Watery Eyes

The condition referred to as ‘watering eye’ or 'watery eye', or the excessive production of tears to the point where they can overflow down the cheek, is known as “epiphora”.

A watering eye can cause numerous problems which interfere with day to day living:

  • Social embarrassment – people with a watery eye are frequently dabbing the eyes with a tissue especially in cold windy conditions. Onlookers may mistakenly think they are crying
  • Blurred vision – clear vision depends on a healthy smooth tear film that lubricates the surface of the eye evenly. Excessive tears build up on the lower eyelid margin and can blur the vision especially when looking down
  • Sore and red eyelid skin – tears frequently spilling onto the lower eyelid and cheek skin can irritate it. The constant wiping with a tissue or handkerchief exacerbates this problem

In most cases the cause of watering from ther eye is the impairment of tear drainage from the eye. This impaired drainage can be diagnosed by placing a drop of fluorescein in each eye. Fluorescein is a special orange dye that fluoresces when a special blue light is shone on it. Fluorescein not only shows show how high the tear level on the lower eyelid margin is but can also show how quickly or slowly the dye drains away from the eye with the tears.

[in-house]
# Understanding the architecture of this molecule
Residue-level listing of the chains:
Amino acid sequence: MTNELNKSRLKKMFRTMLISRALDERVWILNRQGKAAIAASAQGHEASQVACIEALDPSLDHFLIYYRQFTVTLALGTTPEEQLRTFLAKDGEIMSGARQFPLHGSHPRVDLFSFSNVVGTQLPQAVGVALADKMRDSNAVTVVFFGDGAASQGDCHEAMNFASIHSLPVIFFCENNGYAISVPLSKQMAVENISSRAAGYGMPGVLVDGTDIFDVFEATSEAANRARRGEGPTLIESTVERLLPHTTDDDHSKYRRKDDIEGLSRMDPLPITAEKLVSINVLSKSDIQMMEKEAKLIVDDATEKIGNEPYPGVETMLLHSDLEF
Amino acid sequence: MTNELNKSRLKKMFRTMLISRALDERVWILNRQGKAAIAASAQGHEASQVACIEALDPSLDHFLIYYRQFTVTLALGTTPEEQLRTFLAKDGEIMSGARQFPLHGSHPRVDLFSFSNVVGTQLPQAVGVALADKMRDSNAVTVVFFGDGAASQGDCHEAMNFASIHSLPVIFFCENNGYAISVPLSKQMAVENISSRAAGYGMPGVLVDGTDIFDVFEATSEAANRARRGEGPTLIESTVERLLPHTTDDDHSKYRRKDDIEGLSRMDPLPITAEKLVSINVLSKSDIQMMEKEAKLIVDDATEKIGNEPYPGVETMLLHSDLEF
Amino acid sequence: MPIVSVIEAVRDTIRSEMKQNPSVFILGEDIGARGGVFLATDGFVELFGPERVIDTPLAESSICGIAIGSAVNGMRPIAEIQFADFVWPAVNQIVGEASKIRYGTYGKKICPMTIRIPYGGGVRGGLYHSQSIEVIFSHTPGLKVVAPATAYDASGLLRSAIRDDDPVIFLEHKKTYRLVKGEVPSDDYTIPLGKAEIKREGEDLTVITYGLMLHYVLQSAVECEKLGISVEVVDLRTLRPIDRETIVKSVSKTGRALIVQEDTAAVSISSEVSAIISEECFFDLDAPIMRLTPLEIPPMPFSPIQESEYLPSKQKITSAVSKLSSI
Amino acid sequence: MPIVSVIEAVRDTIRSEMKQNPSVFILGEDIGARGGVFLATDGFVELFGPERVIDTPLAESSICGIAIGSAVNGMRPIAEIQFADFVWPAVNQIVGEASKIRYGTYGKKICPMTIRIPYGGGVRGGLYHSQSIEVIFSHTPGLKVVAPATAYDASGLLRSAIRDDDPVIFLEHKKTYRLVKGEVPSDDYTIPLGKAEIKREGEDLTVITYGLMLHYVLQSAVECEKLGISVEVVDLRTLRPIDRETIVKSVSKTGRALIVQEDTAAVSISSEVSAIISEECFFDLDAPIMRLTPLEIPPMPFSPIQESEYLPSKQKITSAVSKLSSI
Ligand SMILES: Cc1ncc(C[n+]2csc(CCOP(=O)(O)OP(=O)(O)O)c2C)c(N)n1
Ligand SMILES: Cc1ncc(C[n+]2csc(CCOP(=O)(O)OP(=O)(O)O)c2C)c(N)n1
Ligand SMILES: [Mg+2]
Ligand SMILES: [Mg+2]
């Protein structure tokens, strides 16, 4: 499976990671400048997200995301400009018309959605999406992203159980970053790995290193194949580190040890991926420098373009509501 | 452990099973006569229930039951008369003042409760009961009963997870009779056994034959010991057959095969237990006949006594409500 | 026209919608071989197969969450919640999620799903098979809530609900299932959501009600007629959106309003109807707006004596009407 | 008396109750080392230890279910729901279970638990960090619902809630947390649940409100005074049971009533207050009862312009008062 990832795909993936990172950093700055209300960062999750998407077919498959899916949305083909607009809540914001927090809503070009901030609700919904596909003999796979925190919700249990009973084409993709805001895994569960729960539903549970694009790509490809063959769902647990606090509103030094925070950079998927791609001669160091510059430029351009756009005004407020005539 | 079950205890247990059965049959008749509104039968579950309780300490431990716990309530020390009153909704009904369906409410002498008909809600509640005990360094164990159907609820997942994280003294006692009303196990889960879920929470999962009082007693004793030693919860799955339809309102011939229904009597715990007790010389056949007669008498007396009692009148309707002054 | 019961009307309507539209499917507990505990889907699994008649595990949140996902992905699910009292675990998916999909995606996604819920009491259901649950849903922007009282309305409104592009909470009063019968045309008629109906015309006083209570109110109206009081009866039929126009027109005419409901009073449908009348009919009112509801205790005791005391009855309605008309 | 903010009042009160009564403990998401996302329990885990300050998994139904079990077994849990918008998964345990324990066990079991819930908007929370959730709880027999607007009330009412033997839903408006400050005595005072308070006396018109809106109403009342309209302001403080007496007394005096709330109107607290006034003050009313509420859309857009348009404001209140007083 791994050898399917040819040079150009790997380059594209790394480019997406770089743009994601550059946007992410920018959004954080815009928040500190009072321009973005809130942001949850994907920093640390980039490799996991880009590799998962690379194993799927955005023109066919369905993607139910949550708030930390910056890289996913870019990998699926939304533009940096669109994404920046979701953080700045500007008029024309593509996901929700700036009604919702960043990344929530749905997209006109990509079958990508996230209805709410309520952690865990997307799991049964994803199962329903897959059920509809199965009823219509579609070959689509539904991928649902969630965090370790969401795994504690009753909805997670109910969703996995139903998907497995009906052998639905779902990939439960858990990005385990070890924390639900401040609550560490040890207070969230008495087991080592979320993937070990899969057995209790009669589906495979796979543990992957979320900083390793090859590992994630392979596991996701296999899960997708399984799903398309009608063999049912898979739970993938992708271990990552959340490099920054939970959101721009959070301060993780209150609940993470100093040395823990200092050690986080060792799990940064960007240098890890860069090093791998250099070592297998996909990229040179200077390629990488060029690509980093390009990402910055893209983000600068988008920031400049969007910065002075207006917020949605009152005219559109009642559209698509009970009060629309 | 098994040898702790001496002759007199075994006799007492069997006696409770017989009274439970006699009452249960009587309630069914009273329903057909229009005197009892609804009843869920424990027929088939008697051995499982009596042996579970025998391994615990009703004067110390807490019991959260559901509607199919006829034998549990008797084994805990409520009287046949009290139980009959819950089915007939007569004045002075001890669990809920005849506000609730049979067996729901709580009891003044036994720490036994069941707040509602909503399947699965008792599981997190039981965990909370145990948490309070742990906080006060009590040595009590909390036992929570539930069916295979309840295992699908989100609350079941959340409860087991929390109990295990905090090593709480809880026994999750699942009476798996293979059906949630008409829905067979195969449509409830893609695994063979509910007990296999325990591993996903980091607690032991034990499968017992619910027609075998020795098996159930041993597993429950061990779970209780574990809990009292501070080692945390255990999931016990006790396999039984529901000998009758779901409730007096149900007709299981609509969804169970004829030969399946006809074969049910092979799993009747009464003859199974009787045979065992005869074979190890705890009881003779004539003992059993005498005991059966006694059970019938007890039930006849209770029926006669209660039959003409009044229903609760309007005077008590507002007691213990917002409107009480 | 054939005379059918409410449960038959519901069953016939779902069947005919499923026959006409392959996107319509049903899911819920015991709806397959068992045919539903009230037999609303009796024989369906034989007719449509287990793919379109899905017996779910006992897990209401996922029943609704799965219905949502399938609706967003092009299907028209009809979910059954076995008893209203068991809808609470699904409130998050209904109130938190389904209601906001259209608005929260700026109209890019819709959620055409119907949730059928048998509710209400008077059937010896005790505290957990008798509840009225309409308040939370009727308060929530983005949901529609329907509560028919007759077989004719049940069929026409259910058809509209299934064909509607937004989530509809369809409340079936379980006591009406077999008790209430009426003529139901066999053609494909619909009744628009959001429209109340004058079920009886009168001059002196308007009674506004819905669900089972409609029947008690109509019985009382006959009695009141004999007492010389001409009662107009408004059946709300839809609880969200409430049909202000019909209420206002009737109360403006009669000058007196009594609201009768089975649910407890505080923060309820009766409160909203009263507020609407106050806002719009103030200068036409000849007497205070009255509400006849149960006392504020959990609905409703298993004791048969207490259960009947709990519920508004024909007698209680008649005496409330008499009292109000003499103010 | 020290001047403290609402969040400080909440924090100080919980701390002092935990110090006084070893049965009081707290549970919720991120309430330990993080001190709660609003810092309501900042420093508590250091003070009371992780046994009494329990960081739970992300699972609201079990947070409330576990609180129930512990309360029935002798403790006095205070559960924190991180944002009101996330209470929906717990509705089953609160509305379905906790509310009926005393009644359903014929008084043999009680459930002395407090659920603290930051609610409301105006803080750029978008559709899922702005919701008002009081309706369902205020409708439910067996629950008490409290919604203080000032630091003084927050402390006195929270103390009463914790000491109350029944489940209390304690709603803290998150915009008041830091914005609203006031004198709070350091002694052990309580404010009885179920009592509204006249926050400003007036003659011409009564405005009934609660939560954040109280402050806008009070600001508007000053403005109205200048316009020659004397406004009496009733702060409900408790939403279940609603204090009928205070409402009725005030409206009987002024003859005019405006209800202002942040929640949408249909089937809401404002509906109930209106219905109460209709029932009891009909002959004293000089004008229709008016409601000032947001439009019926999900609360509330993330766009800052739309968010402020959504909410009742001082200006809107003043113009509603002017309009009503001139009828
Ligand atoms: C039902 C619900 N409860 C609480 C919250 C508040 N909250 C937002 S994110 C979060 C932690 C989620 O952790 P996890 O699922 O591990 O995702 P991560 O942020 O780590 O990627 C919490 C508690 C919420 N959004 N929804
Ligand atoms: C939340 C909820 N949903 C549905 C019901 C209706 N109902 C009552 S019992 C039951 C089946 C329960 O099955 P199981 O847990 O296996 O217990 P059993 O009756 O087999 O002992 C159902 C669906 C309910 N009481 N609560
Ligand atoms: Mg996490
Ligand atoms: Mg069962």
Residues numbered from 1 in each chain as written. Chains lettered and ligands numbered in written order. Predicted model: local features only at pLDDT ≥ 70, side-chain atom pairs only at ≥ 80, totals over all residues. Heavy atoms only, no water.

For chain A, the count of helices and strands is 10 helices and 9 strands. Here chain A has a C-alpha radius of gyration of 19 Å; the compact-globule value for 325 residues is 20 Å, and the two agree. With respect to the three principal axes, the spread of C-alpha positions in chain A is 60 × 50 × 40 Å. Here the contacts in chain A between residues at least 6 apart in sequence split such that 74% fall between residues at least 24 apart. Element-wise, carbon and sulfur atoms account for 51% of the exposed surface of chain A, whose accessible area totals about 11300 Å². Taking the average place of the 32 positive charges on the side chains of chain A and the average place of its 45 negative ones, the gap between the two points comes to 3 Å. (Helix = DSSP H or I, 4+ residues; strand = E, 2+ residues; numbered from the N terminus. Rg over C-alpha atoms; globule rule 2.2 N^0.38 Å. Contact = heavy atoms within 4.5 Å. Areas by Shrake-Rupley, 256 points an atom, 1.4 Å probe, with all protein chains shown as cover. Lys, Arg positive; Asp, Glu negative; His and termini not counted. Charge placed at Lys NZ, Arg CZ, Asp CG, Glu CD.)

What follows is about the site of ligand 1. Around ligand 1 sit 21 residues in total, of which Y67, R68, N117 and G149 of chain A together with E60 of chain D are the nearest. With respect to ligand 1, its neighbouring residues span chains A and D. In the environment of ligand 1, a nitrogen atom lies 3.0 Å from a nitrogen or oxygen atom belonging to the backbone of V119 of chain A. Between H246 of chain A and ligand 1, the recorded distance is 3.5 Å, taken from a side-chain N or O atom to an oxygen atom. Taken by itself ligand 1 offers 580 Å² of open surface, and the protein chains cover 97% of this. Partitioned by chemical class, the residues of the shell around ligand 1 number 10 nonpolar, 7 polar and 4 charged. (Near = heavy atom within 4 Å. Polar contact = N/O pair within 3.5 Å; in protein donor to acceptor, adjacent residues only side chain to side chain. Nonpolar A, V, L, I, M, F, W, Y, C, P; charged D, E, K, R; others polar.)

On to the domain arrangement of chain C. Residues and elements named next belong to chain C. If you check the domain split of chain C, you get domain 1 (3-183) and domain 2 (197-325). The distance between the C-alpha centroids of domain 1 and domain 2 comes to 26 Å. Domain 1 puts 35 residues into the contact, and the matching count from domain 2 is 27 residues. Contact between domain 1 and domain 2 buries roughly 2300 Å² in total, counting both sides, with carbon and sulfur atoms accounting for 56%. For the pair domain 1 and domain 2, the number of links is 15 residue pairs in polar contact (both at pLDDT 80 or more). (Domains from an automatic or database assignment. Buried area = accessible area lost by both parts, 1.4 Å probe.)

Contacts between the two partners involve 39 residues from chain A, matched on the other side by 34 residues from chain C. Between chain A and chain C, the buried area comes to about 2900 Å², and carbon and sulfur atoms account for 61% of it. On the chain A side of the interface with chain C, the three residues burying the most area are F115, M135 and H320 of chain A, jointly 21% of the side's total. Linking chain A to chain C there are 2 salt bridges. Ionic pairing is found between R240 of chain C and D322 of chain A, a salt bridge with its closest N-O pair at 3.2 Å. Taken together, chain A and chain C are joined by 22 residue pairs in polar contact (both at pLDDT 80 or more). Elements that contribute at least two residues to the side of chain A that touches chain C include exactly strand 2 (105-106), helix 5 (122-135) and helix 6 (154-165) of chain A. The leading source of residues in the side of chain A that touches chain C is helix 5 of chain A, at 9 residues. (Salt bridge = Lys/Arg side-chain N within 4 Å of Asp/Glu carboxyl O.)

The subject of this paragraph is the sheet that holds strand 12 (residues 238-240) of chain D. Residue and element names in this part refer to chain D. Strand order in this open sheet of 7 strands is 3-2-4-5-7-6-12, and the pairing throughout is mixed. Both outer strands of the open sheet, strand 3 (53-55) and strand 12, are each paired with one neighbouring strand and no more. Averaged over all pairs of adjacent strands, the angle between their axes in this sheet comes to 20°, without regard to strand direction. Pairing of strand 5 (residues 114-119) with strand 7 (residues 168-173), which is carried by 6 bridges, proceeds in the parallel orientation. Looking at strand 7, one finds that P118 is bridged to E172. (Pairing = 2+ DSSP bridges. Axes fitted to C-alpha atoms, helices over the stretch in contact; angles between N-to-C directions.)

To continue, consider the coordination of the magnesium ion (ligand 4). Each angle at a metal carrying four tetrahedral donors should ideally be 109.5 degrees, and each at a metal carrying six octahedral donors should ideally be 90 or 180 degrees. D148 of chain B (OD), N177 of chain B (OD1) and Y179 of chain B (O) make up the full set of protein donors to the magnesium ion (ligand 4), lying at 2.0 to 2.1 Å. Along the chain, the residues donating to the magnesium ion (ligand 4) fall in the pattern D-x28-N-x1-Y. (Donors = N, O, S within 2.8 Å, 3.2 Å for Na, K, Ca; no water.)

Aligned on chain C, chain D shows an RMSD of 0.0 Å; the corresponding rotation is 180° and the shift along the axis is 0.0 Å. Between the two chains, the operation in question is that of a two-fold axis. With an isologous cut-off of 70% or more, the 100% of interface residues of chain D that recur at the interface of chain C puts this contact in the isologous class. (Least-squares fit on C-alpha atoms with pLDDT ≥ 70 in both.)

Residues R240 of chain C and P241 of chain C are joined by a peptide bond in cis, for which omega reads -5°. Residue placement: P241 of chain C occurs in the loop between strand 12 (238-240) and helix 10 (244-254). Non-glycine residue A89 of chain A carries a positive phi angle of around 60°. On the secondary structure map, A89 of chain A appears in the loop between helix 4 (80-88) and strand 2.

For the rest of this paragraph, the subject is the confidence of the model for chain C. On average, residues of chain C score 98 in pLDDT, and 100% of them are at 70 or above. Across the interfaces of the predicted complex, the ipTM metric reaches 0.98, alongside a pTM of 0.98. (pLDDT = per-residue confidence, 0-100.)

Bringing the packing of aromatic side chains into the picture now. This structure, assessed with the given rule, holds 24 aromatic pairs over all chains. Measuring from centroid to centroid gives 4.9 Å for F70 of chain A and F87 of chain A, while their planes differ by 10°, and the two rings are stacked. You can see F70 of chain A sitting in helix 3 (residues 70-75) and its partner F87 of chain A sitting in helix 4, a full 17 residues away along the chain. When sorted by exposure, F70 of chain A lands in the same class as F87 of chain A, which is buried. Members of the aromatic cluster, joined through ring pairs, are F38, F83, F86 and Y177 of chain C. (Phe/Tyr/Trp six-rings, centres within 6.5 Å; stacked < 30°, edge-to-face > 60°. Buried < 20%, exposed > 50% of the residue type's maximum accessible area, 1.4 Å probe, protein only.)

This is shown in the photos below.

Watery eyes

This patient’s right eye has no watering.
All the fluorescein has drained away from the eye.

Watery eye draining

The same patient’s left eye waters constantly.
Fluorescein shows the tear level is high.
Tears are failing to drain away from the eye.

Cause of a watery eye

The treatment of a watery eye will depend on the cause.

Common causes include eyelid laxity (ectropion), punctal stenosis, blocked tear ducts and dry eye conditions.

These causes and treatment options are described below.

  • Dry eye and reflex watering (reflex epiphora)- occasionally a dry eye can lead to excessive tear production and symptoms of watering. In a dry eye the surface of the eye has insufficient lubrication and becomes exposed. The tear glands then produce an excessive volume of tears as a reflex response. These excessive tears spill out of the eye. This can also occur when the eyelid glands are blocked or inflamed (meibomian gland dysfunction or MGD). In MGD the oily layer of the tear film is deficient and so the tears evaporate too quickly. This is known as evaporative dry eye and can also lead to reflex watering of the eyes.
  • Reflex watering associated with dry eye often leads to confusion with patients finding it difficult to understand why they have been prescribed artificial tears to improve their watering eye symptoms.